ON ANDY HARRIS: Jenna Johnson of the Post profiles U.S. Rep. Andy Harris and attempts to answer the question: Why would a Maryland congressman get himself embroiled in the marijuana decriminalization controversy that affects only the jurisdiction of Washington, D.C.?
STATE HOUSE ROOM TO REOPEN: Since September 2012, a temporary white wall has separated tourists from the room where George Washington resigned his commission as commander of the Continental Army, establishing the principle of civilian control of America’s government. Alex Jackson of the Annapolis Capital writes that it may have been the most significant thing to occur in the State House in the building’s long history. And the room where it happened is on track to re-open in December, said Elaine Bachmann, director of outreach, exhibits and artistic property at the Maryland State Archives.
EXCUSES: When it comes to getting out of late fines, Jared DeMarinis has nearly heard them all. DeMarinis, the director of candidacy and campaign finance for the Maryland State Board of Elections, is the person candidates call when they are notified the state is assessing them for failing to file timely campaign finance reports, reports Bryan Sears for the Daily Record.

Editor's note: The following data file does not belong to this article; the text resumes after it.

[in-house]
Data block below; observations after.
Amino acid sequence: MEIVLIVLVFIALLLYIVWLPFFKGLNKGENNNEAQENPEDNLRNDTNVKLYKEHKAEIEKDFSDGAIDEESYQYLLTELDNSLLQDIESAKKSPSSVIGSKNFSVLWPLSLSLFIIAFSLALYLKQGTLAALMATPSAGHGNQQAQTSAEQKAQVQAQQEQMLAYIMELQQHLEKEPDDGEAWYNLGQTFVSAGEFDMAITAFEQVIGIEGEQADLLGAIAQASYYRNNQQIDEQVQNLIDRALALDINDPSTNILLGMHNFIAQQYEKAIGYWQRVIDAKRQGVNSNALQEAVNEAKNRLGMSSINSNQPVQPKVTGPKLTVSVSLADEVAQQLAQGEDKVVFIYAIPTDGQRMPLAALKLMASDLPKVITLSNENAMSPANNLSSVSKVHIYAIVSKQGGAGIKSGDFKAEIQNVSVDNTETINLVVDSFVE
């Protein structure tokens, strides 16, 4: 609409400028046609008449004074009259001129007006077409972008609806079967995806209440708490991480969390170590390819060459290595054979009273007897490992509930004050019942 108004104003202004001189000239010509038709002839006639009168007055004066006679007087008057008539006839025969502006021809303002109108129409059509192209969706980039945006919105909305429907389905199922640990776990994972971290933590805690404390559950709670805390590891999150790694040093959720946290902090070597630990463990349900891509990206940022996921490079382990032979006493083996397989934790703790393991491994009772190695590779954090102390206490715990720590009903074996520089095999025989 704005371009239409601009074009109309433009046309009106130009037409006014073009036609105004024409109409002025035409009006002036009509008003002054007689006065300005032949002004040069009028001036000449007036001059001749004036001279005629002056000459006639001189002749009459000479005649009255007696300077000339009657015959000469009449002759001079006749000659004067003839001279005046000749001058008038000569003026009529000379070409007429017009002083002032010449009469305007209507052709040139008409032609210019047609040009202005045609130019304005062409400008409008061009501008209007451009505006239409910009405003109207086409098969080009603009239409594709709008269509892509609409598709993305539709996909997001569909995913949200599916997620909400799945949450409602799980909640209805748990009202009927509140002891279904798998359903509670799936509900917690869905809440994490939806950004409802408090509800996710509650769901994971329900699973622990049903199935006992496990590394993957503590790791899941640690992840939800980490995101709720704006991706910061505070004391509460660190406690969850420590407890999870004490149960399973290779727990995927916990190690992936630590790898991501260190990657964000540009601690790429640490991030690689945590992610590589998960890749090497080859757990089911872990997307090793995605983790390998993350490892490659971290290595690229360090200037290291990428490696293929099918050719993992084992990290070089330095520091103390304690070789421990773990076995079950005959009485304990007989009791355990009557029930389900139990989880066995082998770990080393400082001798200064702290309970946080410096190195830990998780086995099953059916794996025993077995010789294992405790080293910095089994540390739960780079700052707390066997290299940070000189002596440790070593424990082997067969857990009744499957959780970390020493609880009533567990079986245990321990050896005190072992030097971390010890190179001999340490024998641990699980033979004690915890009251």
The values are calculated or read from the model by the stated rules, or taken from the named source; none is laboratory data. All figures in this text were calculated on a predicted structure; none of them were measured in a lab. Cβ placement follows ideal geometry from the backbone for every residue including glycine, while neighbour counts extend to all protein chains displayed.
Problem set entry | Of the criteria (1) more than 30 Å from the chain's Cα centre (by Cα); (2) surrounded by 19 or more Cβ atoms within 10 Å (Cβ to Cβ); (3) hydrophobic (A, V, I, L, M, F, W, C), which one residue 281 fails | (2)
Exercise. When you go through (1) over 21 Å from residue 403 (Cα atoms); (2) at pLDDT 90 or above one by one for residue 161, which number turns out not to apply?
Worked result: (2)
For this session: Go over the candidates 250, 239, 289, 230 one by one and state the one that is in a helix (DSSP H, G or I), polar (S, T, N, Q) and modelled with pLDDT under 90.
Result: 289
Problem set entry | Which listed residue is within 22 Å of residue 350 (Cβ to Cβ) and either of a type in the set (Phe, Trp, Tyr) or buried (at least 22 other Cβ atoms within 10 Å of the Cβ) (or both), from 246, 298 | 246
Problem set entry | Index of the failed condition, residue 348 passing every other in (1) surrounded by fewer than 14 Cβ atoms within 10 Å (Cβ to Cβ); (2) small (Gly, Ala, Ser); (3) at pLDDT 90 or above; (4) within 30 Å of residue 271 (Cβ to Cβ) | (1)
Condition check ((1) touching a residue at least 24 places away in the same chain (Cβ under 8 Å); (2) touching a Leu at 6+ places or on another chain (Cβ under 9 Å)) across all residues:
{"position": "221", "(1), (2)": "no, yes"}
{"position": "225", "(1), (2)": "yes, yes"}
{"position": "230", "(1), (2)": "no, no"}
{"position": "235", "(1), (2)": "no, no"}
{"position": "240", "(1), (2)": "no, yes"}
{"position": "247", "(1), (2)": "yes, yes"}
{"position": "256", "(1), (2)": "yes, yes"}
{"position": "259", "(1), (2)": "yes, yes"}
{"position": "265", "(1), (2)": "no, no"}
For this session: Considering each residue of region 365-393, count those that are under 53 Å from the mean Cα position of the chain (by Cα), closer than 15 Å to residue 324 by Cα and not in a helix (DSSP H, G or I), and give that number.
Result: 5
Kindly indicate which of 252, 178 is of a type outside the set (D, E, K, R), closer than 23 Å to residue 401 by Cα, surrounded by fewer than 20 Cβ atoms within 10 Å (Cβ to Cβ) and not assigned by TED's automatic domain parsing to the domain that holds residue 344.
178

DEL. FRANK’S DEPARTURE: Twelve years of standing up for small business, advocating for his 42nd District’s constituents and arguing a Republican viewpoint in a mostly Democratic legislature have come to an end.The primary election on June 24 is now in the rear-view mirror. But this election, Del. Bill Frank’s name wasn’t on a single billboard. Twelve years in Annapolis were enough, he said. Mary Tilghman reports the story for the Sun.